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A brief guide to eating the correct quantity of protein


Protein is used to build and repair the body. As fitness professionals we are particularly concerned with the building and repair of muscle tissue after exercise – especially resistance training. There are many ideas around how much protein is the right amount for muscle gain, weight loss etc. But which ideas are backed by science and what are the real evidence-based recommendations?

Measuring protein ingestion

Firstly, we need to look at how we can determine the amount of protein that is being ingested into the body from what we eat. An indicator of the protein requirements of the body is that of ‘nitrogen balance’. Nitrogen is a structural component in a protein molecule. Therefore if we eat more protein, we acquire more nitrogen within our body. Nitrogen balance is a measure of whether the body is gaining or losing protein from its’ mass. The body is in nitrogen balance when the amount of protein taken in the food eaten is equal to that lost in faeces, urine, and sweat. This can be measured in a laboratory. A positive nitrogen balance infers that more protein is ingested than is lost, whereas a negative nitrogen balance occurs when more is lost than taken in the diet.

Amounts of protein required

Of course, we can’t measure our client’s actual nitrogen balance, so instead we have to use average values based on the defining variables. The various government agencies and the World Health Organisation make their recommendations for protein intake based on average nitrogen balance requirements for; gender, age and activity.

Gender – Whether you are male or female makes a difference to the amount of protein you can ingest and how much you may need. Women do not have the same levels of anabolic hormones within them. Therefore the ability to ingest and use protein to grow muscle tissue is reduced. Lower muscle mass also means that there is less tissue to repair, meaning that protein levels ingested may be less than for males.

Age – As we age, we tend to lead more sedentary lives. Therefore less protein is required to maintain our reduced muscle mass. Even highly active older adults who in theory require increased protein intake may actually only be able to use a reduced amount in any case, due to the aging effect lowering the levels of anabolic primary sex hormones (specifically testosterone) circulating within the body.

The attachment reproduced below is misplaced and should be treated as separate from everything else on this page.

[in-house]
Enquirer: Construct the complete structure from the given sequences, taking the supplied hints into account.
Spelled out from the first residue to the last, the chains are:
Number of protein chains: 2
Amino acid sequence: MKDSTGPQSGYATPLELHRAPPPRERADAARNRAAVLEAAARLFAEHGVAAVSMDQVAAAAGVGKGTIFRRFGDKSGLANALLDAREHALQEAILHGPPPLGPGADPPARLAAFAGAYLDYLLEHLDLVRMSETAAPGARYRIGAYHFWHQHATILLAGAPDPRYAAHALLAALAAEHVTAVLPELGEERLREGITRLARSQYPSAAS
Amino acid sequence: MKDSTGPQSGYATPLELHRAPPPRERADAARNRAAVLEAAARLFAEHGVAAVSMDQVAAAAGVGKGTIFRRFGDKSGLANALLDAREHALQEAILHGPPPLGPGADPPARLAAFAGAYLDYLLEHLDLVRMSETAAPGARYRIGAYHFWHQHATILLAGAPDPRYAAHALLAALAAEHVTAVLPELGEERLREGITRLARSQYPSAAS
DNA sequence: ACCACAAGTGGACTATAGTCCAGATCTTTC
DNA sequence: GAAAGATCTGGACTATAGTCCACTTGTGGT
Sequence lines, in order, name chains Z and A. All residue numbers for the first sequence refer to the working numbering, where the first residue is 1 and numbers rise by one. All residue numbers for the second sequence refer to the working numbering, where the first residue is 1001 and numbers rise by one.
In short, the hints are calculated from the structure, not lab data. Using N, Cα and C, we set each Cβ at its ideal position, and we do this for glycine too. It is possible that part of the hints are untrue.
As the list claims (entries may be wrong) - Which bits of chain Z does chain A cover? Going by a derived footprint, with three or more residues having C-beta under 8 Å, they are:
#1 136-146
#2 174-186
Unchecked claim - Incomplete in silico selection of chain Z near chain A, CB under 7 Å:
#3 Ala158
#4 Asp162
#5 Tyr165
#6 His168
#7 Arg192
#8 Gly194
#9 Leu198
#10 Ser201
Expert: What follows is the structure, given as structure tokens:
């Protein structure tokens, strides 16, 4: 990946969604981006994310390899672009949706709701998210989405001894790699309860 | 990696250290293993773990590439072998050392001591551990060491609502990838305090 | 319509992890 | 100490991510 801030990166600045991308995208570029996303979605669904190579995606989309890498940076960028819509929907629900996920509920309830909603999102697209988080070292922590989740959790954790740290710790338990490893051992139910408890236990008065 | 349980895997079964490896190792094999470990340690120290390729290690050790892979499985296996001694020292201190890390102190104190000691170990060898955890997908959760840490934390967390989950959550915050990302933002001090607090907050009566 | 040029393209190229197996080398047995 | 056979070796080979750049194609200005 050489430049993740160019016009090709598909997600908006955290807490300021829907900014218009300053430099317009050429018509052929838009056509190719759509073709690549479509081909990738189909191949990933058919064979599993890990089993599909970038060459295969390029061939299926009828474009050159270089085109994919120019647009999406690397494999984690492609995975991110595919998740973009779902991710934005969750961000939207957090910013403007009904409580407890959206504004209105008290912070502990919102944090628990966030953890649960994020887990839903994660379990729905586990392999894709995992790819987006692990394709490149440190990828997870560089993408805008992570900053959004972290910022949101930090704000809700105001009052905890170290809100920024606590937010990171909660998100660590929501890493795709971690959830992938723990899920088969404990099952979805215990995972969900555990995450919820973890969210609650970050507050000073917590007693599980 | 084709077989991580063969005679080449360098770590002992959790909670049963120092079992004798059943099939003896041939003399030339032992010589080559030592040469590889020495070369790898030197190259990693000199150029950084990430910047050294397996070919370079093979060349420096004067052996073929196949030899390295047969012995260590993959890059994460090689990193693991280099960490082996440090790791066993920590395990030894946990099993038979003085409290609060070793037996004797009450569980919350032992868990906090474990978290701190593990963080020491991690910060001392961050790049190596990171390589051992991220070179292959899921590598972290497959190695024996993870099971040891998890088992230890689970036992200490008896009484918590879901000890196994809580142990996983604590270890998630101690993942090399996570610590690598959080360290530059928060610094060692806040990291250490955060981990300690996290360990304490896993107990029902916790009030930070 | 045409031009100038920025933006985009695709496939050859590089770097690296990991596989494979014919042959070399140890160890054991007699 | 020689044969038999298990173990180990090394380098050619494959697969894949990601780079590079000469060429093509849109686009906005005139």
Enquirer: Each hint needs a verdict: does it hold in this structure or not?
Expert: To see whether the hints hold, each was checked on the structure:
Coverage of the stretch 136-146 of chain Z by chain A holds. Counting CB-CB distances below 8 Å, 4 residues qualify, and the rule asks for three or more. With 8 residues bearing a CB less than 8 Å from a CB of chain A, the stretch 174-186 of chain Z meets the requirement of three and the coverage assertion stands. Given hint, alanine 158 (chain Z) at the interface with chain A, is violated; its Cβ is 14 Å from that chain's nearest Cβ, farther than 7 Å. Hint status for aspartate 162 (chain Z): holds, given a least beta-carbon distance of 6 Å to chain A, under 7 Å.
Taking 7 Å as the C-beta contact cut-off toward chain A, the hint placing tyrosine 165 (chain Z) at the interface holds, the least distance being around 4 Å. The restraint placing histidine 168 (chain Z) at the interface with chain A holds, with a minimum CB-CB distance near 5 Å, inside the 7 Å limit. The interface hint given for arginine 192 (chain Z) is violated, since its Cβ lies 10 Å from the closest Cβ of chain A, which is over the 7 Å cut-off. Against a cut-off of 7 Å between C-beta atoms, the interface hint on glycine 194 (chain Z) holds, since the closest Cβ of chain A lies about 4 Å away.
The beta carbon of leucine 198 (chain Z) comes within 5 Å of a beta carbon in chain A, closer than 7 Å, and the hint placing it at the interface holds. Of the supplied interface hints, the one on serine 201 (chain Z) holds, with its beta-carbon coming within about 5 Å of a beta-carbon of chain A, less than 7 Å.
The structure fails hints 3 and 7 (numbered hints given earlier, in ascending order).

Activity – Studies have shown that increases in physical activity – particularly resistance training can lead to a negative nitrogen balance, therefore additional protein should be taken in, in order to restore the balance.

The WHO general guidelines given are that sedentary individuals should consume 0.8 grams of protein per kilogram bodyweight, with very active individuals at 1.8 grams of protein per kilogram bodyweight. Furthermore, studies with athletes have shown that for those undertaking rigorous activity, a protein intake of 2.5 grams per kg bodyweight could be beneficial. Please note: unless your clients are professional athletes, they will not require this level of protein intake!

Dietary protein increases are particularly useful for sedentary individuals, or individuals who have had a change in training routine. Increased protein ingestion prevents a negative nitrogen balance in the first 14 days of training as the client adapts to the new training stimulus – We all know how bad your DOMS can be at these times, right?! However, once clients are adapted to new training regimens, dietary protein amounts can be reduced accordingly.

Protein gluconeogenesis and bodyfat

Although protein helps with recovery from activity, eating in excess of what you actually need for protein synthesis has been shown to be disadvantageous. Protein contains calories that if not used for growth or repair, will ultimately be converted to stored body fat.